George Sydney Montague is better known to everyone as the Oldest Gay in the Village. For the last few years he has proudly rode on his mobility scooter on the Pride Parade. In June he celebrated his 90th birthday and invited friends and family to his home on Marine Parade in Brighton. People came from as far afield as Singapore and Norway to give George their best wishes.
George was born in 1923 and left school in 1937 aged 14 saying in his own words: “I was not grammar school material”. The only thing George was good at was woodwork so he became a pattern maker. In 1941 he was 18 and desperate to join up and fight for his country. Despite working in a reserve occupation, which meant he didn’t have to fight, he managed to pass the test and was accepted as an air crew wireless operator/air gunner, but failed the exams. He was posted to Southern Rhodesia where he was promoted to the rank of corporal as a physical training instructor. On being demobbed he started his own pattern making business which eventually moved from wood into metal patterns and became very successful.
George realised he was gay in his twenties, when it was illegal to be homosexual. Like many of his friends at the time George married. He was 37. His wife, Vera, knew George’s gay friends but the issue of George’s sexuality was never discussed. George believed if he got married he could stop being gay, which of course never happened. He fathered three children and now has three grandchildren who he is very proud of and loves dearly. At a family gathering after his family had grown up, George decided to come out to his children and the rest of his family.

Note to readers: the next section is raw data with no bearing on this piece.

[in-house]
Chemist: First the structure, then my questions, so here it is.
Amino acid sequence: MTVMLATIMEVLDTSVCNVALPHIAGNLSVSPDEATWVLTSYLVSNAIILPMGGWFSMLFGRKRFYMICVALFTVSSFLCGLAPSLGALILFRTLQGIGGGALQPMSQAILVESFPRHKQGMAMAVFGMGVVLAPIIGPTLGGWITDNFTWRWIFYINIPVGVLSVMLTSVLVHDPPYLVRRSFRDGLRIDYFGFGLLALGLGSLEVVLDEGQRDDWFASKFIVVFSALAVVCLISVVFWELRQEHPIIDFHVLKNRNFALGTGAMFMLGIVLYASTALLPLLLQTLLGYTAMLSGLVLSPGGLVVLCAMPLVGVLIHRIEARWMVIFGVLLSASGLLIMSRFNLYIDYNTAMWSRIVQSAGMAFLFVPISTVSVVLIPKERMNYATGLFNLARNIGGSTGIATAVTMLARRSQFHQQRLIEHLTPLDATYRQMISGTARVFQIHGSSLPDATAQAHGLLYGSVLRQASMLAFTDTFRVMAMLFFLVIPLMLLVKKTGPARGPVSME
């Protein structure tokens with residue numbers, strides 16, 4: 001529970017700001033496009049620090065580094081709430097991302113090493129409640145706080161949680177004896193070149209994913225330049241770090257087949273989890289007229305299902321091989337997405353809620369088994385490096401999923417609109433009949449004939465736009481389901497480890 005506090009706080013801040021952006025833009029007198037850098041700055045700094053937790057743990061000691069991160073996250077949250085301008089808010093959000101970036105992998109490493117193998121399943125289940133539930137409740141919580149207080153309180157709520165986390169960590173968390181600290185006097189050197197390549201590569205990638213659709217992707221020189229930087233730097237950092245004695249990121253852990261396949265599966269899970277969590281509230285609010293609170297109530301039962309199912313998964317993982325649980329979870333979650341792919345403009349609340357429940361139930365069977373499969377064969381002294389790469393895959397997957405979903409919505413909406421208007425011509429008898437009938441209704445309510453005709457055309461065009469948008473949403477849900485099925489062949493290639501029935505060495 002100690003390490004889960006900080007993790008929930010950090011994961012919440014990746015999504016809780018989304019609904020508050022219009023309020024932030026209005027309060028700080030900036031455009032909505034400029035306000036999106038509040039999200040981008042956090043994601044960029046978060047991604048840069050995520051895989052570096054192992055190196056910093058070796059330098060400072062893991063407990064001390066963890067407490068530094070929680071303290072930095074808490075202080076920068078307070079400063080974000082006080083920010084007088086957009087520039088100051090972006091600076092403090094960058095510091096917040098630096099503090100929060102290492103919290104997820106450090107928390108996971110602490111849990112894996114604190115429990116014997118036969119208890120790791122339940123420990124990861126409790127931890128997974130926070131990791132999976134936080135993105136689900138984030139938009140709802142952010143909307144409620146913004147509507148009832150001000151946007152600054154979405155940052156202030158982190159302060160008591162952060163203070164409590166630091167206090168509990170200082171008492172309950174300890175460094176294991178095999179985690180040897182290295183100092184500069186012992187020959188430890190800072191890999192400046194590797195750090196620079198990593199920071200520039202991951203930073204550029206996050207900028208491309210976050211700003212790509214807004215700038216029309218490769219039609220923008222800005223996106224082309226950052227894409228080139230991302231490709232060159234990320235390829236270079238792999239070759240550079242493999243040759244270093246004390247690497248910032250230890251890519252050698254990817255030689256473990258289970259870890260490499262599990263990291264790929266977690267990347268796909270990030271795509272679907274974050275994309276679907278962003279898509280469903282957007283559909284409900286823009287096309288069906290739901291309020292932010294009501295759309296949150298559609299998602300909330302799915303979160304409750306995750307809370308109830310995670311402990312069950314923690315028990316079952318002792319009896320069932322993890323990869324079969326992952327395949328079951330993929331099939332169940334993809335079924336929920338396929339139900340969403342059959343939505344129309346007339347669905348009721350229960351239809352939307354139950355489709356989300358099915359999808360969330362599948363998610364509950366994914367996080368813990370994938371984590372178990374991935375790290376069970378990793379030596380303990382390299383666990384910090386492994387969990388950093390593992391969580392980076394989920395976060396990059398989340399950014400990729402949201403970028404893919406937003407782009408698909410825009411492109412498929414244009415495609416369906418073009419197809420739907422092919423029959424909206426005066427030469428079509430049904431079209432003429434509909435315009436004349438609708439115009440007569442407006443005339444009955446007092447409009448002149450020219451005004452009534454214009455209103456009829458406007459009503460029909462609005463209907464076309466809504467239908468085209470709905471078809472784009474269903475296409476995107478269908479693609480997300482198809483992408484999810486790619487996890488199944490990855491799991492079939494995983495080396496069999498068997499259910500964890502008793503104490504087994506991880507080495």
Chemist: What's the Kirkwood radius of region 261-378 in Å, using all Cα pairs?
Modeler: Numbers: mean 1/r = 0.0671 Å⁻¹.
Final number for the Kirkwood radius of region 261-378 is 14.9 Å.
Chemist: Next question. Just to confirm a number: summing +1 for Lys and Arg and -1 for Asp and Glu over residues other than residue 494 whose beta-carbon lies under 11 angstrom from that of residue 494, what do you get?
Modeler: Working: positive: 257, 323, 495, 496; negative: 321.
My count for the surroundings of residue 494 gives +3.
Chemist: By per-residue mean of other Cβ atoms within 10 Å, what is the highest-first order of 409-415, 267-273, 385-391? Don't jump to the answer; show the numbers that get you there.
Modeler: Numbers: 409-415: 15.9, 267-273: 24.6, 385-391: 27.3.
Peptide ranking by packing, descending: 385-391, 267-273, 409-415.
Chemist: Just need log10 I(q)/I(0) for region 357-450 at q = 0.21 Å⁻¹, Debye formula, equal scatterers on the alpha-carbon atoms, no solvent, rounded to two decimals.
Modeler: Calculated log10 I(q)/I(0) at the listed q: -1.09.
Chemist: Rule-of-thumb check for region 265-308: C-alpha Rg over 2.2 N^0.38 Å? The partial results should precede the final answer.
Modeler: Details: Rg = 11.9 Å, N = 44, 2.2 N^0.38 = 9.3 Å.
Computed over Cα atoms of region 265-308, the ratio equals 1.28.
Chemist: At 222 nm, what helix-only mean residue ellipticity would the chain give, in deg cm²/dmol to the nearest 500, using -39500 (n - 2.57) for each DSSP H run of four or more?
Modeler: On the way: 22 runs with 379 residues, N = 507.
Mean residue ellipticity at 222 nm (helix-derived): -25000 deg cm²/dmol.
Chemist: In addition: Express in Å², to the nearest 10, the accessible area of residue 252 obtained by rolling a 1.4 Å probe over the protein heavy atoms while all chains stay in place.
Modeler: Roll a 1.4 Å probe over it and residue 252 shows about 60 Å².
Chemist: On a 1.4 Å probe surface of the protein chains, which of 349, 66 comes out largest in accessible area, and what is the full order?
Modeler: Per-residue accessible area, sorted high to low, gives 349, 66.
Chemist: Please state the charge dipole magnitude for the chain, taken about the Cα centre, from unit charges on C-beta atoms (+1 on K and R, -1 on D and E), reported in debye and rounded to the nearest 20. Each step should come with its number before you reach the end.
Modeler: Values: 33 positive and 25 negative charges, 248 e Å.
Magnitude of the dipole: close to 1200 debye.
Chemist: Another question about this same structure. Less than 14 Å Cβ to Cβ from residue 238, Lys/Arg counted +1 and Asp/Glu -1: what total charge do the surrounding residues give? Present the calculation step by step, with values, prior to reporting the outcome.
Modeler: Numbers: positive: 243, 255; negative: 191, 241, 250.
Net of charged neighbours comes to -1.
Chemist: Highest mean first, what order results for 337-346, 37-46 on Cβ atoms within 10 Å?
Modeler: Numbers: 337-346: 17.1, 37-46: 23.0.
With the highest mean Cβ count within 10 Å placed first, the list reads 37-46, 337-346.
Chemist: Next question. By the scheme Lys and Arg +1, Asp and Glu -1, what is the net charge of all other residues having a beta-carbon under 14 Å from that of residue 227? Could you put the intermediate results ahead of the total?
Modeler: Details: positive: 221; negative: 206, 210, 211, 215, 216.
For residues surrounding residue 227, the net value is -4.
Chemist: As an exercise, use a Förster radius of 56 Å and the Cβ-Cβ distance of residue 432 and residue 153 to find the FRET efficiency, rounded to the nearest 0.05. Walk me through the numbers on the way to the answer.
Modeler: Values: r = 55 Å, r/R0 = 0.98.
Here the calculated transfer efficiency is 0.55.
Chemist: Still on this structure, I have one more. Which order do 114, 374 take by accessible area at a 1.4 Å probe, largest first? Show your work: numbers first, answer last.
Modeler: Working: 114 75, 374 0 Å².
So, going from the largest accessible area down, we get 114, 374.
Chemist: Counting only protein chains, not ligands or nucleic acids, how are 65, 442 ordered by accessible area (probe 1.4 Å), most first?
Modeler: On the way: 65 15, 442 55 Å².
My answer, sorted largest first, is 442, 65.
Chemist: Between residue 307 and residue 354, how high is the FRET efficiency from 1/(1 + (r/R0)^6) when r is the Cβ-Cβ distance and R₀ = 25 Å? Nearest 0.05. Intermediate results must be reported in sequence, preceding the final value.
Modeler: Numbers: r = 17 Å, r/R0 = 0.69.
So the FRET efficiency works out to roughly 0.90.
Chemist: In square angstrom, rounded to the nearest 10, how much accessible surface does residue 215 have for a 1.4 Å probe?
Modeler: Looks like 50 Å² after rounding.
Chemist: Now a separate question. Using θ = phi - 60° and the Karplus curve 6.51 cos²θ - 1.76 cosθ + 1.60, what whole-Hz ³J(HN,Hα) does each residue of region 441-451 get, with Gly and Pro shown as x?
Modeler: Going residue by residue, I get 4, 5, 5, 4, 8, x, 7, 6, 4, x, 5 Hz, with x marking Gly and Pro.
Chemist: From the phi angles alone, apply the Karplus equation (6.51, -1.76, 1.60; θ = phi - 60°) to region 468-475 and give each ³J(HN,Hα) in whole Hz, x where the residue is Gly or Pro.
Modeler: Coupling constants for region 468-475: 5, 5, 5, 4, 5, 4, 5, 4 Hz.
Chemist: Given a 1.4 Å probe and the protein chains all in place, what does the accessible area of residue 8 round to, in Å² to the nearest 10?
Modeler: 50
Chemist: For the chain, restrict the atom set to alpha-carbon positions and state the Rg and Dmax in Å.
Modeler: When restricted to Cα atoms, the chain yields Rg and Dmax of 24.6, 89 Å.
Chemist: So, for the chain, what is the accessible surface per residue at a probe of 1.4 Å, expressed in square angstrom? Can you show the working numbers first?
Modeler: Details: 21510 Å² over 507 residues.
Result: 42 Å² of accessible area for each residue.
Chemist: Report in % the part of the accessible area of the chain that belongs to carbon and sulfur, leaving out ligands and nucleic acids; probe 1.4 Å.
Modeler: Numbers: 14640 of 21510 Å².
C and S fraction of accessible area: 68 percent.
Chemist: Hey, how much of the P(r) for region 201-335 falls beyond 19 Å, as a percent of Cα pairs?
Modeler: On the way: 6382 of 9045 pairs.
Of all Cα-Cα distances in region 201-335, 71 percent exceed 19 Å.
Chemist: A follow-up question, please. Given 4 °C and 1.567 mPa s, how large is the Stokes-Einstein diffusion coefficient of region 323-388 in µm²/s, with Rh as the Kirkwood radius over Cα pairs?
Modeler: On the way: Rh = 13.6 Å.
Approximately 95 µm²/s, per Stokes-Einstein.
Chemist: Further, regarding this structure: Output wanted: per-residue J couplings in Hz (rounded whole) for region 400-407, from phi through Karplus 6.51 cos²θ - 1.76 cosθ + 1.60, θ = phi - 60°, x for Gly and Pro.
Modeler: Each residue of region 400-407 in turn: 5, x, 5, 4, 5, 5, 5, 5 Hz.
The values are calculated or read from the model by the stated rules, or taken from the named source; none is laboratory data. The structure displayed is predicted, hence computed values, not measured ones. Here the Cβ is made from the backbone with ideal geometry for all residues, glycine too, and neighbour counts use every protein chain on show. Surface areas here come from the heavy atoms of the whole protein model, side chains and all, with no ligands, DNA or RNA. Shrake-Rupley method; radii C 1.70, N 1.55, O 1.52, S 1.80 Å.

“Sorry guys your dad is gay”.
Paula his daughter, said:
“Oh daddy we’ve know for years.”
After his coming out George lived apart from his wife and after a while they became friends again.
“Vera found someone who made the last years of her life far happier than I could.”
On June 28, 1997 George met his partner Somchai Phukkhlai in London; they have been civil partners since 2006 and will shortly be celebrating their 16th anniversary together. They have homes in Brighton and Thailand where they spend the English winter.
George says the thing that most pleased him about his birthday celebration was a letter he received afterwards from his sister-in-law regarding the complete change of her views on homosexuality after meeting all his friends at his 90th birthday party.
“It was an education to find that your gay community are no different to anyone else; I found them pleasant and warm and it’s really good that there is no longer any discrimination which should, on reflection, have disappeared many eons ago.”
George will once again be on his scooter at Pride this year as one of the first four Pride Ambassadors ever in Brighton & Hove. He received the largest number of nominations in June and is immensely proud to have been chosen and says he will represent all the older LGBT people in the city.